Northern resentment quickly gave rise to the Republican Party, a purely sectional organization intent on banning slavery from the western territories. Proving the party's electoral strength, Republican presidential candidate John C. Fremont came shockingly close to winning the election in 1856 despite the fact that Delaware, Maryland, Virginia, and Kentucky were the only slaveholding states to place his name on their ballots.
As national politics became increasingly wrought with sectional antagonism, Georgia's tradition of political moderation disintegrated. State politicians viewed the Republicans as antislavery fanatics seeking to destroy slavery even in the South, and many considered secession a necessary remedy in the event that the Republicans captured the presidency. State politics began to reflect the changing mood. After maneuvering the Democratic nomination away from moderate Howell Cobb, states' rights advocate Joseph E. Brown handily defeated pro-Union candidate Benjamin Hill in the 1857 gubernatorial election. A self-made businessman and small slaveholder from the north Georgia mountains, Brown crafted a popular Jacksonian political style by denouncing state banks during the 1857 recession, providing increased funding for Georgia's woeful public schools, and lowering taxes. Riding a wave of popular support, Brown easily won reelection in 1859 by crushing opposition candidate Warren Akin, the last of the neo-Whig challengers. The ardent States' Rights Democrat would thus occupy the governor's chair during the greatest political crisis in Georgia history.

The Presidential Election of 1860

Compounding sectional antagonisms exponentially, abolitionist John Brown was captured leading an attack on a federal arsenal at Harpers Ferry, Virginia, in October 1859. It soon became clear that Brown had planned to use the arsenal to arm a massive slave insurrection. Despite the failure of Brown's raid and his subsequent execution in December, the incident cast an ominous shadow over preparations for the presidential election of 1860.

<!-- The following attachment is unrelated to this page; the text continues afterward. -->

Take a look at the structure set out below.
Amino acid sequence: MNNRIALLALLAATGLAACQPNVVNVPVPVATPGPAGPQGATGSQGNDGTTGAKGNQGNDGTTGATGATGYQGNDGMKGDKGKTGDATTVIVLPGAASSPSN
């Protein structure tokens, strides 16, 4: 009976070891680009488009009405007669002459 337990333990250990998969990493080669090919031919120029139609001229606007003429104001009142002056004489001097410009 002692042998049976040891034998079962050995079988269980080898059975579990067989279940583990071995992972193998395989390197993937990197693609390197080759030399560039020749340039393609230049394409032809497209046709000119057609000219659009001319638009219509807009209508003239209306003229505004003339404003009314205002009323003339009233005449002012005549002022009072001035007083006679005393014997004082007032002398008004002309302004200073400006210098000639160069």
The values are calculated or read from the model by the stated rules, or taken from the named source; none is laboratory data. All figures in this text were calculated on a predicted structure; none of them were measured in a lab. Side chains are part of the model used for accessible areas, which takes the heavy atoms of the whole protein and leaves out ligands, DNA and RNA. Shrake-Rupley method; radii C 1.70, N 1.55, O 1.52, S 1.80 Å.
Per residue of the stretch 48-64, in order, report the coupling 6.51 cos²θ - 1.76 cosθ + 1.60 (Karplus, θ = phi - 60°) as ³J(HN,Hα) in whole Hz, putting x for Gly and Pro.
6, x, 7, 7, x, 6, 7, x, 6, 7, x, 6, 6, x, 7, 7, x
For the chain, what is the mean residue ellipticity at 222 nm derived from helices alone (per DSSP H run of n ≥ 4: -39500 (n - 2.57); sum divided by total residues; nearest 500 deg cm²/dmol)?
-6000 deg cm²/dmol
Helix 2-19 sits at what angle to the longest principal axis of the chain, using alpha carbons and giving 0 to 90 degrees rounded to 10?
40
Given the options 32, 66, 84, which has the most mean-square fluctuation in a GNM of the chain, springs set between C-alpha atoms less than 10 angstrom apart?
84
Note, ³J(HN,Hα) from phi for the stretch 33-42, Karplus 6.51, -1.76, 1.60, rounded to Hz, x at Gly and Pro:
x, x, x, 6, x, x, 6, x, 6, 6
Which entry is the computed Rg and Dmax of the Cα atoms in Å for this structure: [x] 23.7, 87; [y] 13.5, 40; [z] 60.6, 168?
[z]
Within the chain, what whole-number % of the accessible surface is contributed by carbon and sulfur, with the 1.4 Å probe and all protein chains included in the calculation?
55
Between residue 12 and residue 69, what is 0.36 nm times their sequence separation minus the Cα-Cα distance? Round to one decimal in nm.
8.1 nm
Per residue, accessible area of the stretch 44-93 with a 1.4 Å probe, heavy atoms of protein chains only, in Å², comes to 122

The national Democrats proved incapable of agreeing on a platform position regarding slavery in the territories and sundered along sectional lines. The remaining regular Democrats nominated Stephen Douglas for president (with Georgia's Herschel Johnson for vice president), while the southern faction selected Kentucky's John C. Breckinridge, thus dividing the Democratic Party along sectional lines. Soon thereafter a group of Unionist ex-Whigs selected a third presidential candidate in Tennessean John Bell. The Republicans nominated another ex-Whig, Illinois' Abraham Lincoln, on a platform that reaffirmed the Wilmot Proviso. As with Fremont in 1856, Lincoln's name did not appear on Georgia ballots.
With Johnson as his running mate, Douglas campaigned personally in Georgia but was rewarded with only 11,500 votes. On the other hand Unionist John Bell captured roughly 43,000 ballots, showing that the old Whig banner still retained some viability in the state. Breckinridge, whose candidacy was largely equated with supporting southern secession, managed to win Georgia with 52,000 votes.
Yet despite Breckinridge's victory, the combined vote totals of Unionist candidates Douglas and Bell surpassed the Kentuckian's tally, suggesting that the majority of Georgian voters were not yet ready to forsake the national Union. Lincoln won the presidency by garnering a majority of the Electoral College despite receiving virtually no support from any southern state. Upon learning of Lincoln's victory, Governor Brown recommended the allocation of $1 million for the state's defense, which was appropriated by the state legislature, and scheduled January 2 elections for a special state convention to discuss secession. The struggle over Georgia's future in the Union had begun.


Further Reading
Anthony Gene Carey, Parties, Slavery, and the Union in Antebellum Georgia (Athens: University of Georgia Press, 1997).

Kenneth Coleman, ed., A History of Georgia, 2d ed. (Athens: University of Georgia Press, 1991).

William W. Freehling and Craig M. Simpson, eds., Secession Debated: Georgia's Showdown in 1860 (New York: Oxford University Press, 1992).

Michael P. Johnson, Toward a Patriarchal Republic: The Secession of Georgia (Baton Rouge: Louisiana State University Press, 1999).

Horace Montgomery, "The Crisis of 1850 and Its Effect on Political Parties in Georgia," Georgia Historical Quarterly 24 (December 1940): 293-322.

Ulrich Bonnell Phillips, ed., The Correspondence of Robert Toombs, Alexander H. Stephens, and Howell Cobb (Washington, D.C., 1913).

David M. Potter, The Impending Crisis, 1848-1861, ed. Don E. Fehrenbacher (New York: Harper Perennial, 2011).

Richard Harrison Shryock, Georgia and the Union in 1850 (Durham, N.C.: Duke University Press, 1926; reprint, New York: AMS Press, 1968).
Cite This Article
Osborn, Kyle. "Georgia and the Sectional Crisis." New Georgia Encyclopedia. 29 September 2020. Web. 28 July 2021.